A Dance To Be Free class with incarcerated women. Photo courtesy Dance To Be Free

This Program Uses Dance to Help Incarcerated Women Work Through Trauma

"I put on Lorde for a warm-up song," says Lucy Wallace, recalling a dance class she was giving to a new group of students. "As soon as I started moving—literally just stepped to the right and moved my arm—this woman behind me said, 'Oh! This is spiritual.' "

But she wasn't the typical dance student, nor was this a typical studio. This woman is serving a life sentence at Denver Women's Correctional Facility.

That was back in 2015, during Dance To Be Free's first class at a women's prison. Since then, the nonprofit organization has expanded to 13 prisons across eight states, offering dance as a healing medium—and even providing teacher training—for incarcerated women.

Lucy Wallace leads a Dance To Be Free class in a gym.

Courtesy Dance To Be Free

The idea for the program came about almost randomly, says Wallace, who has a masters in psychology and grew up studying ballet. At the time, she owned a studio in Boulder, Colorado, where she taught a basic adult movement class, also called Dance To Be Free. When she was toying with the idea of turning her studio into a nonprofit, a friend suggested that she create a program to bring dance to incarcerated women.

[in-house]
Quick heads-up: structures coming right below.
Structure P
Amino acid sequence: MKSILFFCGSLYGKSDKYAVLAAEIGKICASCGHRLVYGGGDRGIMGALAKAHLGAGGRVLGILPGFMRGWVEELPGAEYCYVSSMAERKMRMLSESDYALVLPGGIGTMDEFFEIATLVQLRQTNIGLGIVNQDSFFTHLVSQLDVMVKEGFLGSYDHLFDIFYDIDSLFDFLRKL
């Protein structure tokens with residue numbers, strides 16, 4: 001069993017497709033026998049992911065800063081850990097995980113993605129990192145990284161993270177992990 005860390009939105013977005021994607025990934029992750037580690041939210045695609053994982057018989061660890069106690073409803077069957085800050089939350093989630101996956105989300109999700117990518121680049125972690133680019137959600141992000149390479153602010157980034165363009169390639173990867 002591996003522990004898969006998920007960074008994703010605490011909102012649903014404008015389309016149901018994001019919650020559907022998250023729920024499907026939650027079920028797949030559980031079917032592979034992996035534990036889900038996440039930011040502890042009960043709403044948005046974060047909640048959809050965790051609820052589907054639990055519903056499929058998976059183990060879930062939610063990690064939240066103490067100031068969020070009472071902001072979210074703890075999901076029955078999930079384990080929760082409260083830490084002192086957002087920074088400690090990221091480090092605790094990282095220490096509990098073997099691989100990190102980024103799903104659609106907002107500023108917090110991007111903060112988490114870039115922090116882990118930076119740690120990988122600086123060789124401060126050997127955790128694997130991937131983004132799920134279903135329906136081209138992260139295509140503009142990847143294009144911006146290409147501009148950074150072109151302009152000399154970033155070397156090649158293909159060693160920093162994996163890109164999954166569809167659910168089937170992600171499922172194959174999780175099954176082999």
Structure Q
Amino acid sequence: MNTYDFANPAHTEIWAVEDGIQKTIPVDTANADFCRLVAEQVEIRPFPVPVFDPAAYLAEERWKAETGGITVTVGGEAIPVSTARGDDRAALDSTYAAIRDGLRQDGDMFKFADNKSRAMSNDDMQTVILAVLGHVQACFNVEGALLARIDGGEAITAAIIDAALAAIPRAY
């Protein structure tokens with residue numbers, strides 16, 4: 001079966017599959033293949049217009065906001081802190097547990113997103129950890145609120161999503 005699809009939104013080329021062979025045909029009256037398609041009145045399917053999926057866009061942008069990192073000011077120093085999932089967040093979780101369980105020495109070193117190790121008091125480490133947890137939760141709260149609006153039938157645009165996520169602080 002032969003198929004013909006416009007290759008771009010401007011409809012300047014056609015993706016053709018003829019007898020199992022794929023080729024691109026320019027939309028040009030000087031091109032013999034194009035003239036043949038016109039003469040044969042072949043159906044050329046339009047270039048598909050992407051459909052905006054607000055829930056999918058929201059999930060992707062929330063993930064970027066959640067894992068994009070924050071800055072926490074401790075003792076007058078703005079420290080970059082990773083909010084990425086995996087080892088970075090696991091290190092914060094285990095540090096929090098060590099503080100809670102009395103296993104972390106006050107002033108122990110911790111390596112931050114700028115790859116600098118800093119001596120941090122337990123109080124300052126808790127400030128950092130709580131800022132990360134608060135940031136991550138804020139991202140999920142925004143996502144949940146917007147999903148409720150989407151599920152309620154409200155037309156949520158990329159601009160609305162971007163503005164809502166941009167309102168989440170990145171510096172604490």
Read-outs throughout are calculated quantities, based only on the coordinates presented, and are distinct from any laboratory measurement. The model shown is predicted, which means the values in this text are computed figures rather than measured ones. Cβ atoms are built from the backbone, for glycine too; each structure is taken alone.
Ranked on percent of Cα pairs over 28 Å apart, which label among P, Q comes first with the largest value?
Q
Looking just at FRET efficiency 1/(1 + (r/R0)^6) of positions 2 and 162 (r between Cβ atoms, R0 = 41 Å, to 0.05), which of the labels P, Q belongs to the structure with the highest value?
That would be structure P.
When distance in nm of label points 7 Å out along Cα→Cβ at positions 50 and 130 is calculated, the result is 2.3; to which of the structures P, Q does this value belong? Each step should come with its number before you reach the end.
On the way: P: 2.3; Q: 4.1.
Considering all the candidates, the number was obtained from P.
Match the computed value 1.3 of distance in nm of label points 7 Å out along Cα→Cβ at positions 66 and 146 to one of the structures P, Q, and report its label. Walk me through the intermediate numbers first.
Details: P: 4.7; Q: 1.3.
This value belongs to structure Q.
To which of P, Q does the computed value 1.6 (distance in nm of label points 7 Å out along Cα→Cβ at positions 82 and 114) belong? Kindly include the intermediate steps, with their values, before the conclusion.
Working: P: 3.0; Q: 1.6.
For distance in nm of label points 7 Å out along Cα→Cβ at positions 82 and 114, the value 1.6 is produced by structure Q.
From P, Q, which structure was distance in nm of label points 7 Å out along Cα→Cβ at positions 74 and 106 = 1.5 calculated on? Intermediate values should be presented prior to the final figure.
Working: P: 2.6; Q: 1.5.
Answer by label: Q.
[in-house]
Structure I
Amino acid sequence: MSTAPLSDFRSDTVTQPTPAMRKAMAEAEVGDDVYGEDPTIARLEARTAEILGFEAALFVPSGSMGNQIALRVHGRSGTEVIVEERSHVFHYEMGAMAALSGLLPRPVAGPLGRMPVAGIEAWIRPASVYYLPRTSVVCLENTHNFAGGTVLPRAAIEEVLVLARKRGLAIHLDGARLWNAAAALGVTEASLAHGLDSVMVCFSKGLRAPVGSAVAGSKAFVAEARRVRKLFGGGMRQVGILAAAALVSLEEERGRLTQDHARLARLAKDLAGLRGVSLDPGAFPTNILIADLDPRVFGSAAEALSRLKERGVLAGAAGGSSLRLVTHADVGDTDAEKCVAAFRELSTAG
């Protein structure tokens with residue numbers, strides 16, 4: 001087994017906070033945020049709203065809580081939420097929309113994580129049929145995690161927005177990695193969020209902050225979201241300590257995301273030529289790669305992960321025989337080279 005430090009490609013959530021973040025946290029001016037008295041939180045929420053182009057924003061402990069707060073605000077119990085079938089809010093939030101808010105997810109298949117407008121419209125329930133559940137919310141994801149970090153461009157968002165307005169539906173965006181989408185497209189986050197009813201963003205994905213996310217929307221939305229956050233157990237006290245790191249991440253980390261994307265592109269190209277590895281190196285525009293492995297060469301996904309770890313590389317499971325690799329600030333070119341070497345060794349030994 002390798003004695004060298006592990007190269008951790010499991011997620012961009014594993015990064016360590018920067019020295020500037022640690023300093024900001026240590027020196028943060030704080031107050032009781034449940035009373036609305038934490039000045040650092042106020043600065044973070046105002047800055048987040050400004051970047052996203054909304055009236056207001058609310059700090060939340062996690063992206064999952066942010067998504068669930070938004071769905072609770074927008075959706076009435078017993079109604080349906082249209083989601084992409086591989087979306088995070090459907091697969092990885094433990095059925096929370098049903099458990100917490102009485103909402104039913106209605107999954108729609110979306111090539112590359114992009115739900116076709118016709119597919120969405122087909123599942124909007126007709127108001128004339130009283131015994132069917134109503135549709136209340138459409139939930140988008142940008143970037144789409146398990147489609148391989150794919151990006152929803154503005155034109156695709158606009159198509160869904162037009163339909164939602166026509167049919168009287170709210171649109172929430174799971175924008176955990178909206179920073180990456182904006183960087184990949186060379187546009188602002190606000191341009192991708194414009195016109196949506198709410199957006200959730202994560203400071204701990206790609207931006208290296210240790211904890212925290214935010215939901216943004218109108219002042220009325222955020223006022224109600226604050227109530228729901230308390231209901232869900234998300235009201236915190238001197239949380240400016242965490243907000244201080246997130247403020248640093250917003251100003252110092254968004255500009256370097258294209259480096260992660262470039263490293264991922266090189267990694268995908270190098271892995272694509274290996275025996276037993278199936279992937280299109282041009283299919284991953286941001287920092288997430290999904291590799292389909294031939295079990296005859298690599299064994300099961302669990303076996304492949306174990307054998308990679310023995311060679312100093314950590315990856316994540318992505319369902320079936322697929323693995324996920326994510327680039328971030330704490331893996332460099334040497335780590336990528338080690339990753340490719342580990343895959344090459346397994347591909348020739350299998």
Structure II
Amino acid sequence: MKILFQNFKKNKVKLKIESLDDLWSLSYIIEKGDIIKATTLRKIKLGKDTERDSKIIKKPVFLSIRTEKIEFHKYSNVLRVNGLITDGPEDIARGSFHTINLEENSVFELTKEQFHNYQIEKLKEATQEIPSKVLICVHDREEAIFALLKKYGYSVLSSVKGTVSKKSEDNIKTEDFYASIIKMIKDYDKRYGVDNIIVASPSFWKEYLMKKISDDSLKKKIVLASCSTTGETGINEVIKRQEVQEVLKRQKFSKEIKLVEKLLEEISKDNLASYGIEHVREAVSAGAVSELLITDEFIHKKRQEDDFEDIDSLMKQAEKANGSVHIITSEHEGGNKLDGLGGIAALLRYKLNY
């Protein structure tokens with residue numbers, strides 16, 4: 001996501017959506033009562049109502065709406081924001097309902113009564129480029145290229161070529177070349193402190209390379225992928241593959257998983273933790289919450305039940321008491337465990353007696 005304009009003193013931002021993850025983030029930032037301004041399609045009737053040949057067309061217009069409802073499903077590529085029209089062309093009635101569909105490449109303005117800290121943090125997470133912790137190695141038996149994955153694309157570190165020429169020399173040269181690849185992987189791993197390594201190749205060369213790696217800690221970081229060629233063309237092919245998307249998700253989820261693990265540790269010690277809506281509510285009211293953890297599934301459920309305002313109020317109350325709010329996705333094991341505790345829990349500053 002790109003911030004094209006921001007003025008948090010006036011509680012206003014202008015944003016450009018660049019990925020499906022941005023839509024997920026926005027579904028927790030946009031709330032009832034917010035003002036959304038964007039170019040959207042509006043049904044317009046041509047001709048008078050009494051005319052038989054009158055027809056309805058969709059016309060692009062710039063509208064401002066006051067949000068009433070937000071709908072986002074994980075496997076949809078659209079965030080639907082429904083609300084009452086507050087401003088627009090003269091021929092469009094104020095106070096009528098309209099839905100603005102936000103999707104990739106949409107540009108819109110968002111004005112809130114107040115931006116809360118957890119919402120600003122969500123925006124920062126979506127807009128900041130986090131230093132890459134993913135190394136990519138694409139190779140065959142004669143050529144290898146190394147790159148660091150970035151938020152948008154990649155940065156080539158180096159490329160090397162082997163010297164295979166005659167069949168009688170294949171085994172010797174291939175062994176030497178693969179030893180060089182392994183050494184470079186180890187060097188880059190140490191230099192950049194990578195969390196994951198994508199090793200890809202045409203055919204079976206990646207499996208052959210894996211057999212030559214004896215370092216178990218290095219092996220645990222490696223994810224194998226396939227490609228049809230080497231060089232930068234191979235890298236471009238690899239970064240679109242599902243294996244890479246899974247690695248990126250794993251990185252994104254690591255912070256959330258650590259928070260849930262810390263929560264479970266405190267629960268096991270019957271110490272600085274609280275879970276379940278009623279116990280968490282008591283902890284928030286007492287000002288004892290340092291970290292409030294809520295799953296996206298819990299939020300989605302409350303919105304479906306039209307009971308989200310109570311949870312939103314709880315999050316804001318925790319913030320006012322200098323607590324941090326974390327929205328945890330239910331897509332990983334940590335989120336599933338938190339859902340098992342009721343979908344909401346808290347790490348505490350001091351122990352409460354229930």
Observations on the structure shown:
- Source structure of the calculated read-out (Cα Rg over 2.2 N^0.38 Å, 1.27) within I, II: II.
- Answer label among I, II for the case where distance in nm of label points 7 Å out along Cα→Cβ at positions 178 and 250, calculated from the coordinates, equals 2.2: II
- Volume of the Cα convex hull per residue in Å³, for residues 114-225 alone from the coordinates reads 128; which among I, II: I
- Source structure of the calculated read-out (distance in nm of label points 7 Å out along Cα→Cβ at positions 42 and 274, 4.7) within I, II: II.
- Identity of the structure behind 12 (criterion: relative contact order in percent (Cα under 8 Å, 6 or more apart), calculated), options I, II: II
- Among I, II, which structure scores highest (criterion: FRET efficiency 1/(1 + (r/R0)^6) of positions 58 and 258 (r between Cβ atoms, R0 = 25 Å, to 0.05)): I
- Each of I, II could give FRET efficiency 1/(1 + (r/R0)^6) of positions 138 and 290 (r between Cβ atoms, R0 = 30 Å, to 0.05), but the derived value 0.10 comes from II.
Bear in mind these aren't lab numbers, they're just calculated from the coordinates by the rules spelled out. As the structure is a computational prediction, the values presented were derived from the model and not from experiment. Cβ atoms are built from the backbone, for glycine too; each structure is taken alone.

"It was so simple—the thunderbolt moment," says Wallace. "Almost every single woman in prison is suffering from some sort of trauma. I knew that the physical movement would help them heal."

Lucy Wallace leads a Dance To Be Free class.

Courtesy Dance To Be Free

But, she says, prison was a totally foreign concept. "I had no idea what I was doing, I'd never been to a prison, I've never had family members in prison or any personal story about it."

So her original idea was cautious: To film herself teaching at her studio, burn it onto DVDs and send them to a prison so women could follow along. "I look back on that and I'm like, 'What was I thinking?' But I was scared." Wallace was encouraged to teach in person when she attended a training session for volunteers. About a month later, she held her first class at Denver Women's Correctional Facility.